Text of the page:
Book Review | May 2021
"I feel like they done put me on death row, too. What do we tell these children about how to stay out of harm's way when you can be at your own house, minding your own business, surrounded by your entire family, and they still put some murder on you that you ain't do and send you to death row?"
This quote from Bryan Stevenson's book Just Mercy: A Story of Justice and Redemption aptly and appropriately summarizes the frustration and despair of the many affected by wrongful imprisonment and incarceration in the United States.
I first learned about Bryan Stevenson and his organization, the Equal Justice Initiative (EJI) when I watched the Netflix documentary 13th by Ava DuVernay. I immediately wanted to dive deeper into Bryan's story and how he started down his path to fight for equal justice for the men, women and children wrongly accused or who have received harsh sentences unfitting the level of the crime.
What was most impactful for me were the heartbreaking stories of children and teenagers sentenced to life in prison without parole or awaiting execution on death row. In many cases the horrific backgrounds of abuse and trauma endured or mental disorders are completely ignored when reviewing the facts or in an effort to understand the complexity of the situations they found themselves in. Bryan paints a picture of these individuals that cannot be forgotten. How can a person be judged, punished and sentenced for the actions and decisions made as a child that impacts the rest of their life?
Just Mercy highlights the racial inequities in the justice and legal system and sheds light on the often harsher penalties received by Black and brown people. It's a shocking look at the blatant disregard for the facts of truth, circumstance and innocence. While reading this book there were certainly moments of hopelessness about a case or argument lost, however knowing that there are people like Bryan Stevenson and others at organizations like EJI fighting for the rights of those that don't have the resources available does provide some hope and certainly inspiration.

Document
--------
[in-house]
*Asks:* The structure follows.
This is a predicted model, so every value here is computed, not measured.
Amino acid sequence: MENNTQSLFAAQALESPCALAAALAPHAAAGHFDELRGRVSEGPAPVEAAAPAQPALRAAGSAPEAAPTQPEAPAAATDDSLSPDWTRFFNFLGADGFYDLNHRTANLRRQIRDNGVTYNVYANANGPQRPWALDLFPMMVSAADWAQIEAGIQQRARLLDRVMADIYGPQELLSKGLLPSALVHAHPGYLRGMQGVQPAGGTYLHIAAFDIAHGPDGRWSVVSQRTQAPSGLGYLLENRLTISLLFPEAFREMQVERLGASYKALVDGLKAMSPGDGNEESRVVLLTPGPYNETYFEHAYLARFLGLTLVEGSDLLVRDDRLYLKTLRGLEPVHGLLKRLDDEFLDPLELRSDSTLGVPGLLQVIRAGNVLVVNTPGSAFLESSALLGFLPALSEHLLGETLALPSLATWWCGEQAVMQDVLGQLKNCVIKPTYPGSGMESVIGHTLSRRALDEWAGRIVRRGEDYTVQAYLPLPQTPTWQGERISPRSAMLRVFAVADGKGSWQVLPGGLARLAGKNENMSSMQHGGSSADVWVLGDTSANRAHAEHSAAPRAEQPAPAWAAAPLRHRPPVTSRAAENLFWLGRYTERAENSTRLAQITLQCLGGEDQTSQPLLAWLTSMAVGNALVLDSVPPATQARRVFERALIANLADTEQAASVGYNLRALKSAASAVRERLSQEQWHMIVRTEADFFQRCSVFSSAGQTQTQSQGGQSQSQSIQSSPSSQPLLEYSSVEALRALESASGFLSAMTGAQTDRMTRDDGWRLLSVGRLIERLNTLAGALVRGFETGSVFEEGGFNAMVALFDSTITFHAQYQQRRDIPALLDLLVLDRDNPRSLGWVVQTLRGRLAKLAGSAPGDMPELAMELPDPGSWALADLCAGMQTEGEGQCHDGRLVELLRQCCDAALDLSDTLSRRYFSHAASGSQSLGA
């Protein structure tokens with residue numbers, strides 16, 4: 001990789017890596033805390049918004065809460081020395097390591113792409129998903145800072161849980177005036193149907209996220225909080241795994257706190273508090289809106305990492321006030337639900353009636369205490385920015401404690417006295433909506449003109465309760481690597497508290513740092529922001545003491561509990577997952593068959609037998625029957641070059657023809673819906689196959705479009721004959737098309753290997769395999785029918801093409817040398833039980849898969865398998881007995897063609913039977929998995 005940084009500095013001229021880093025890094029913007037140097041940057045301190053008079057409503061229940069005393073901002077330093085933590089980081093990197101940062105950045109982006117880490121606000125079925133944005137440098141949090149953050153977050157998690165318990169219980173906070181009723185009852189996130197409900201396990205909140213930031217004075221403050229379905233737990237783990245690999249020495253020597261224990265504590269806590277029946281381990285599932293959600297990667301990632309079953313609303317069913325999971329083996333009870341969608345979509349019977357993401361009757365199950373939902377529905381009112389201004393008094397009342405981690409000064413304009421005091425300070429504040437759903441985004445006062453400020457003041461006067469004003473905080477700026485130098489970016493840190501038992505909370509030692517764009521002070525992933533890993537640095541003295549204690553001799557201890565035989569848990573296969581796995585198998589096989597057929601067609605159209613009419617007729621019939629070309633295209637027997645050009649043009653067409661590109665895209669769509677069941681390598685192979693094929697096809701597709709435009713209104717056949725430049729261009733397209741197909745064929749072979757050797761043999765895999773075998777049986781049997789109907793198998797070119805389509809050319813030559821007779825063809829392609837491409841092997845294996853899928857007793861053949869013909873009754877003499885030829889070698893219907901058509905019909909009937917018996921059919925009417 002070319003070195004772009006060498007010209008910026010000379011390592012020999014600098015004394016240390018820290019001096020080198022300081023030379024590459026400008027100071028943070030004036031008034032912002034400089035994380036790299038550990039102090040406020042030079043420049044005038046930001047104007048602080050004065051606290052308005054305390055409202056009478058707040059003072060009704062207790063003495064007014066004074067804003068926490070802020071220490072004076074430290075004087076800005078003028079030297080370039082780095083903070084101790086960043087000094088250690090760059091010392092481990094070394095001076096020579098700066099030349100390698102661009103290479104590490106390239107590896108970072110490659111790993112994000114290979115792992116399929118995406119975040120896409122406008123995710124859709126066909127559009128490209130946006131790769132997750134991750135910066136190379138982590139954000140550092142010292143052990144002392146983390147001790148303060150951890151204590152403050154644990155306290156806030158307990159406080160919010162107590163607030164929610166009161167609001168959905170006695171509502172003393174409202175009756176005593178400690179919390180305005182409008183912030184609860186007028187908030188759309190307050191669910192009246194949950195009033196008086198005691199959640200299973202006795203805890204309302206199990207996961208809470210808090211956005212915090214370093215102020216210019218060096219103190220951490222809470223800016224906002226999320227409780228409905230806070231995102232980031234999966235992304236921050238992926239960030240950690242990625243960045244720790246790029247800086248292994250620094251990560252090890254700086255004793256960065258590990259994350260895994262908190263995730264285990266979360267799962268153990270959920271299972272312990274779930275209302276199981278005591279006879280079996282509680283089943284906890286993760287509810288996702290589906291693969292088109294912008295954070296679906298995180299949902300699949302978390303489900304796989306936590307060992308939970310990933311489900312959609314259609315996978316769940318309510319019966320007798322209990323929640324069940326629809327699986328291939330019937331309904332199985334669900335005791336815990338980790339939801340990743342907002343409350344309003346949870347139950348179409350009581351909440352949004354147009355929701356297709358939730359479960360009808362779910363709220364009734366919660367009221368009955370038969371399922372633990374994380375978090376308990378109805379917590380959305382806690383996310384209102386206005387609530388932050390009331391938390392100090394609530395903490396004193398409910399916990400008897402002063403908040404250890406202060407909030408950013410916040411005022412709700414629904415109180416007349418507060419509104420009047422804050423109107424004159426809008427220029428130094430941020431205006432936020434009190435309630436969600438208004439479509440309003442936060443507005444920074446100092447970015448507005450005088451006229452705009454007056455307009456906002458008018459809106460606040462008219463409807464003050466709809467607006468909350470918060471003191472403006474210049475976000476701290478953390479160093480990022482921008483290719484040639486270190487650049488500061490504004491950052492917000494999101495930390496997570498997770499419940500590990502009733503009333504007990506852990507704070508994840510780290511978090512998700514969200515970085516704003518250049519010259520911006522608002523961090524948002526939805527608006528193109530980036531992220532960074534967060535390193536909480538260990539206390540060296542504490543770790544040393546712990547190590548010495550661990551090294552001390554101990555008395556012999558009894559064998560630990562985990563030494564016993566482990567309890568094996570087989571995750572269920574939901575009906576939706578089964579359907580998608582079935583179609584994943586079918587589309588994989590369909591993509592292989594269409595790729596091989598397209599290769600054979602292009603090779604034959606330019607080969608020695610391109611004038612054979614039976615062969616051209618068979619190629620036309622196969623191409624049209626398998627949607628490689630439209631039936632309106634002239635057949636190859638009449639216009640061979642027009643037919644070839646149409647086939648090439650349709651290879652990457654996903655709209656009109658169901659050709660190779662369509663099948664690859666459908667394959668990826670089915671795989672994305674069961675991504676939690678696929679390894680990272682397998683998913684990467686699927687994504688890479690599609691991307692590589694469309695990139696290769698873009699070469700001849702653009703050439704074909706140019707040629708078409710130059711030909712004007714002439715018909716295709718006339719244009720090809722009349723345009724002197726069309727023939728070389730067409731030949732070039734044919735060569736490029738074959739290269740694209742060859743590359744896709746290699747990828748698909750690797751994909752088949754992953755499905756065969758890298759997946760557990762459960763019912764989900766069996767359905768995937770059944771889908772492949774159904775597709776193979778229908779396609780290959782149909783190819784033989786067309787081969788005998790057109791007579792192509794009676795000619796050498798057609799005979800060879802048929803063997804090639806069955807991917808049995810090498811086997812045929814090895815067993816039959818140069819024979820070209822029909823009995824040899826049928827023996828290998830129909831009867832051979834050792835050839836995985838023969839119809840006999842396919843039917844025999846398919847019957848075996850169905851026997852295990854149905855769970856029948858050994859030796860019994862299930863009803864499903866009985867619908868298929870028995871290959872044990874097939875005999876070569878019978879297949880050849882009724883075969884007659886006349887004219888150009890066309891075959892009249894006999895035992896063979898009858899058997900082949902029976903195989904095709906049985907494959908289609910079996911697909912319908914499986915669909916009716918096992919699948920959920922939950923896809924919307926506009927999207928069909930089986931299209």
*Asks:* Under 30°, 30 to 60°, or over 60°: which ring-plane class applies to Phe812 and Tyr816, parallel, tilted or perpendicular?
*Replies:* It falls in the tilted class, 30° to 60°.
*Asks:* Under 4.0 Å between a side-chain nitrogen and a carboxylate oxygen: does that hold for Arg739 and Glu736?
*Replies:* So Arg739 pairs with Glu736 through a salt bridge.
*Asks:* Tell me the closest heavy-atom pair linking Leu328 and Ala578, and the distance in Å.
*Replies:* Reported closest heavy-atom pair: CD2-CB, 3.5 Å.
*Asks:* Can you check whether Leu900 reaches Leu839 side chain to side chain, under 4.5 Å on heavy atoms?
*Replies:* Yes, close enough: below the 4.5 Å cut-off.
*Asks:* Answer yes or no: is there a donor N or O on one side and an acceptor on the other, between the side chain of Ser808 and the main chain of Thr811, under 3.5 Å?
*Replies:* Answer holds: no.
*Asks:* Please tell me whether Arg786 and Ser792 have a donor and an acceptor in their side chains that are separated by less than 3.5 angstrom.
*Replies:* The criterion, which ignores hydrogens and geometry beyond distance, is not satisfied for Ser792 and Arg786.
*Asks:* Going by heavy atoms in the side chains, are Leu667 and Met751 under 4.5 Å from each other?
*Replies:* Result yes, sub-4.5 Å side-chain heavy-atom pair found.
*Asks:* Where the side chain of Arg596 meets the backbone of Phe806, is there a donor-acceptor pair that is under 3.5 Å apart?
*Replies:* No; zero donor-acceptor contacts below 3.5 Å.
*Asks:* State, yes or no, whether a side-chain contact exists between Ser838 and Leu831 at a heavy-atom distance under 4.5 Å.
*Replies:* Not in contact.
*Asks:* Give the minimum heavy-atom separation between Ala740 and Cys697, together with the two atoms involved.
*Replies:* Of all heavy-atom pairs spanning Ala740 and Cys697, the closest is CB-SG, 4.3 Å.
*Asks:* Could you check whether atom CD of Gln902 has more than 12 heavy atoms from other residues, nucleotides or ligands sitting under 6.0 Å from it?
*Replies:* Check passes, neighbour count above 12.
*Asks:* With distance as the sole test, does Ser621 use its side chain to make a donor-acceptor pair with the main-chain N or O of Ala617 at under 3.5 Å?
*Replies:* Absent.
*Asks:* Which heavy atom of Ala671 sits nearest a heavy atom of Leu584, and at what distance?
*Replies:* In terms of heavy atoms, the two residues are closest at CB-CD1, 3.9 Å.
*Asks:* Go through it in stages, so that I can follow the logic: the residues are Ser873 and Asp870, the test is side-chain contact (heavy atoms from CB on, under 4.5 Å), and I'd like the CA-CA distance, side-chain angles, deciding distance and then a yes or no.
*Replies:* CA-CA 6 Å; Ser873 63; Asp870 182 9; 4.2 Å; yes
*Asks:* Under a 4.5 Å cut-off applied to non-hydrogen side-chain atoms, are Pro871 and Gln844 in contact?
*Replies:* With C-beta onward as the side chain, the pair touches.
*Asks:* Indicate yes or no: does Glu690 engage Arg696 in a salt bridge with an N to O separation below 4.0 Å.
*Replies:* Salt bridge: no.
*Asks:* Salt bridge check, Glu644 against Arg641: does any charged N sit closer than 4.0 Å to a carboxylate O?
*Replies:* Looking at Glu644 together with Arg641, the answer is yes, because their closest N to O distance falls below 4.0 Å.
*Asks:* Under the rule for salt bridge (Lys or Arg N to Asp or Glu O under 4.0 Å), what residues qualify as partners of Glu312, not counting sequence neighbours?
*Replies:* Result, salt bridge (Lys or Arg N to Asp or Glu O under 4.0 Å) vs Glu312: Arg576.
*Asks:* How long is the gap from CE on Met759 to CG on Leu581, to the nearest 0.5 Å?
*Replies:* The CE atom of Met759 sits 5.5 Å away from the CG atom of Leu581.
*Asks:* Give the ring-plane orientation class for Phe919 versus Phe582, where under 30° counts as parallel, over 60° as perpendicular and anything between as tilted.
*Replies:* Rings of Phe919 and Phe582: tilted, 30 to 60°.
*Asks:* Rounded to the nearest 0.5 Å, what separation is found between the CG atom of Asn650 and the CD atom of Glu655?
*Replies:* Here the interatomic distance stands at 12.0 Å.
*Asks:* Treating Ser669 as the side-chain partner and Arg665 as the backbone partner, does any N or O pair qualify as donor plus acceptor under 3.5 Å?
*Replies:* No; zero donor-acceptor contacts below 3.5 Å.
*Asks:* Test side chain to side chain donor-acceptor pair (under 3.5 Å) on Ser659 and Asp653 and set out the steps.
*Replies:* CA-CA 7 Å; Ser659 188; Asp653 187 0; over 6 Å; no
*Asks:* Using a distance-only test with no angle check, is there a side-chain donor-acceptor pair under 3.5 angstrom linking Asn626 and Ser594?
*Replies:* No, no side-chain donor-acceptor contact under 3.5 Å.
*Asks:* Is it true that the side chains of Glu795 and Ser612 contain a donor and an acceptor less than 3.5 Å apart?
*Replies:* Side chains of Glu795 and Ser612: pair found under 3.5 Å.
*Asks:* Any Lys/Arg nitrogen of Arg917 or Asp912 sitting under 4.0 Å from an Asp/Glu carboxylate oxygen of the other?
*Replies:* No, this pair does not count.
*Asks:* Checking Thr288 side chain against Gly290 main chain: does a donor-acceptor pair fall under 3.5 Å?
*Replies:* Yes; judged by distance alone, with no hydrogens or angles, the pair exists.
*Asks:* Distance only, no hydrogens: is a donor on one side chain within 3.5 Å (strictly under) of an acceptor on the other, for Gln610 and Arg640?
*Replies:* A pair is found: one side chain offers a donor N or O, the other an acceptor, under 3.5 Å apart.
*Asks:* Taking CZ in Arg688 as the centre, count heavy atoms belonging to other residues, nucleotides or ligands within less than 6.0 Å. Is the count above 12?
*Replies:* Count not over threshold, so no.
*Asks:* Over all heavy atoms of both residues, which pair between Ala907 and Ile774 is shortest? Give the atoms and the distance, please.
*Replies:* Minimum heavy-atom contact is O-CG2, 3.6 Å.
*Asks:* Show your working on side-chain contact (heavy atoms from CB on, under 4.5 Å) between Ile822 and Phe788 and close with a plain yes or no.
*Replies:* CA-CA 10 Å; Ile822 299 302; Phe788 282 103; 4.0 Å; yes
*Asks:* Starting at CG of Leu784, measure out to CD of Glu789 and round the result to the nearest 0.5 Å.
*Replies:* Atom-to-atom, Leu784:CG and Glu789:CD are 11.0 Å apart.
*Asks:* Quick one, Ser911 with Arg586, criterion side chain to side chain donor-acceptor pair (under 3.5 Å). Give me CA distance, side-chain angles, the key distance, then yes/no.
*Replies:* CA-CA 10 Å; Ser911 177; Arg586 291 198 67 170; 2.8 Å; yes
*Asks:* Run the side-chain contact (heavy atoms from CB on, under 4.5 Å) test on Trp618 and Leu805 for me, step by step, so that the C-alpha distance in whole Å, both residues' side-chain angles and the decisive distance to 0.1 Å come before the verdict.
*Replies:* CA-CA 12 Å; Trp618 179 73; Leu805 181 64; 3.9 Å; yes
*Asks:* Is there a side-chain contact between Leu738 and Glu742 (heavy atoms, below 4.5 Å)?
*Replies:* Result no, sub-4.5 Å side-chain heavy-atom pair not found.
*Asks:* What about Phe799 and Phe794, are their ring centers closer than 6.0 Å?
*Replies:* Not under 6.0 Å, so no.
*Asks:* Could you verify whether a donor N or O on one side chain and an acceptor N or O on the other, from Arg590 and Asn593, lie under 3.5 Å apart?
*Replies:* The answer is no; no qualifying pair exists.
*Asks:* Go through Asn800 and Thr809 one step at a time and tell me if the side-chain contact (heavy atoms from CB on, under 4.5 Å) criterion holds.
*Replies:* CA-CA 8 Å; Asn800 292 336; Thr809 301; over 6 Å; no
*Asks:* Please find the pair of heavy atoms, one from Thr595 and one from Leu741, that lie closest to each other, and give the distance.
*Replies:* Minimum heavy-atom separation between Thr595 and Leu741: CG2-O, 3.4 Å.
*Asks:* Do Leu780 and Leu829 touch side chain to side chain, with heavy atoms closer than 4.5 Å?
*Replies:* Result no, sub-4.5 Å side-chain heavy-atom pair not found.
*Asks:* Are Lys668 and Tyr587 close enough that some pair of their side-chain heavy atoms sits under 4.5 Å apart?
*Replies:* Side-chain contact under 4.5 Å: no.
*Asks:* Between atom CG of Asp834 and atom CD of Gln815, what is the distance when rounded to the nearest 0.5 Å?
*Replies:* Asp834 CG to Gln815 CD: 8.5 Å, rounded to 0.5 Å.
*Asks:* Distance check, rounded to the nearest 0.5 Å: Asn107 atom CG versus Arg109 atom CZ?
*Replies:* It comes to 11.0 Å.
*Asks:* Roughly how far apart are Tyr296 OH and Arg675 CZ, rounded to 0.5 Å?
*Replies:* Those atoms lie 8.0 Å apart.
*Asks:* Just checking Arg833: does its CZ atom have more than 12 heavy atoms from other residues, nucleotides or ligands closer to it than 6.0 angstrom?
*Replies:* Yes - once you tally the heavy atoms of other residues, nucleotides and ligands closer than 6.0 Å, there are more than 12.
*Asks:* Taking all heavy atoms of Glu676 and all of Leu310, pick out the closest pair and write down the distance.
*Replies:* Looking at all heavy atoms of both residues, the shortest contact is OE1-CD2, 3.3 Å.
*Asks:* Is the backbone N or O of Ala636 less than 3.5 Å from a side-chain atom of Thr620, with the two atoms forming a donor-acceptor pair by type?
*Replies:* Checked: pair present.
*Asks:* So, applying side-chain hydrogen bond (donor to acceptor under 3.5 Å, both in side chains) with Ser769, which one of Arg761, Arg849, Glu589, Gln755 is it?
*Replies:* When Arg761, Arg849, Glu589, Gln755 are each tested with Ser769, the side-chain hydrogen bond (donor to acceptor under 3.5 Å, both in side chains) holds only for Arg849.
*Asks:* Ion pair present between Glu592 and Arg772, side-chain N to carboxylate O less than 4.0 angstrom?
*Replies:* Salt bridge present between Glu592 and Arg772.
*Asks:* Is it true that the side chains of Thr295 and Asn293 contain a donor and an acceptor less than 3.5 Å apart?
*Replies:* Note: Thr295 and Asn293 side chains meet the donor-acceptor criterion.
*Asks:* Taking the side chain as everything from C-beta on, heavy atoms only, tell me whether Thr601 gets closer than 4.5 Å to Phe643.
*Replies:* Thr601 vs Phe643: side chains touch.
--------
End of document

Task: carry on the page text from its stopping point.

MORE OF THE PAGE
This is a wonderful book for those looking to educate themselves about the history of mass incarceration, the prison system, and the personalized stories of the men, women and children affected by racial injustice, racism and prejudice. This includes the families, friends and communities torn apart by the trials and outcomes often having lifelong effects of all involved. Through this book, I was able to gain a better understanding of the time, effort, and persistence the work of Bryan Stevenson, EJI and other social justice warriors takes to change the fixed minds of those in power to prove innocence or reduce sentencing.
To have the names and stories behind the many examples of the punishment not fitting the crime makes it impossible to not want to find a way to support change and right wrongs. Stories are amazingly powerful and Bryan is a masterful storyteller.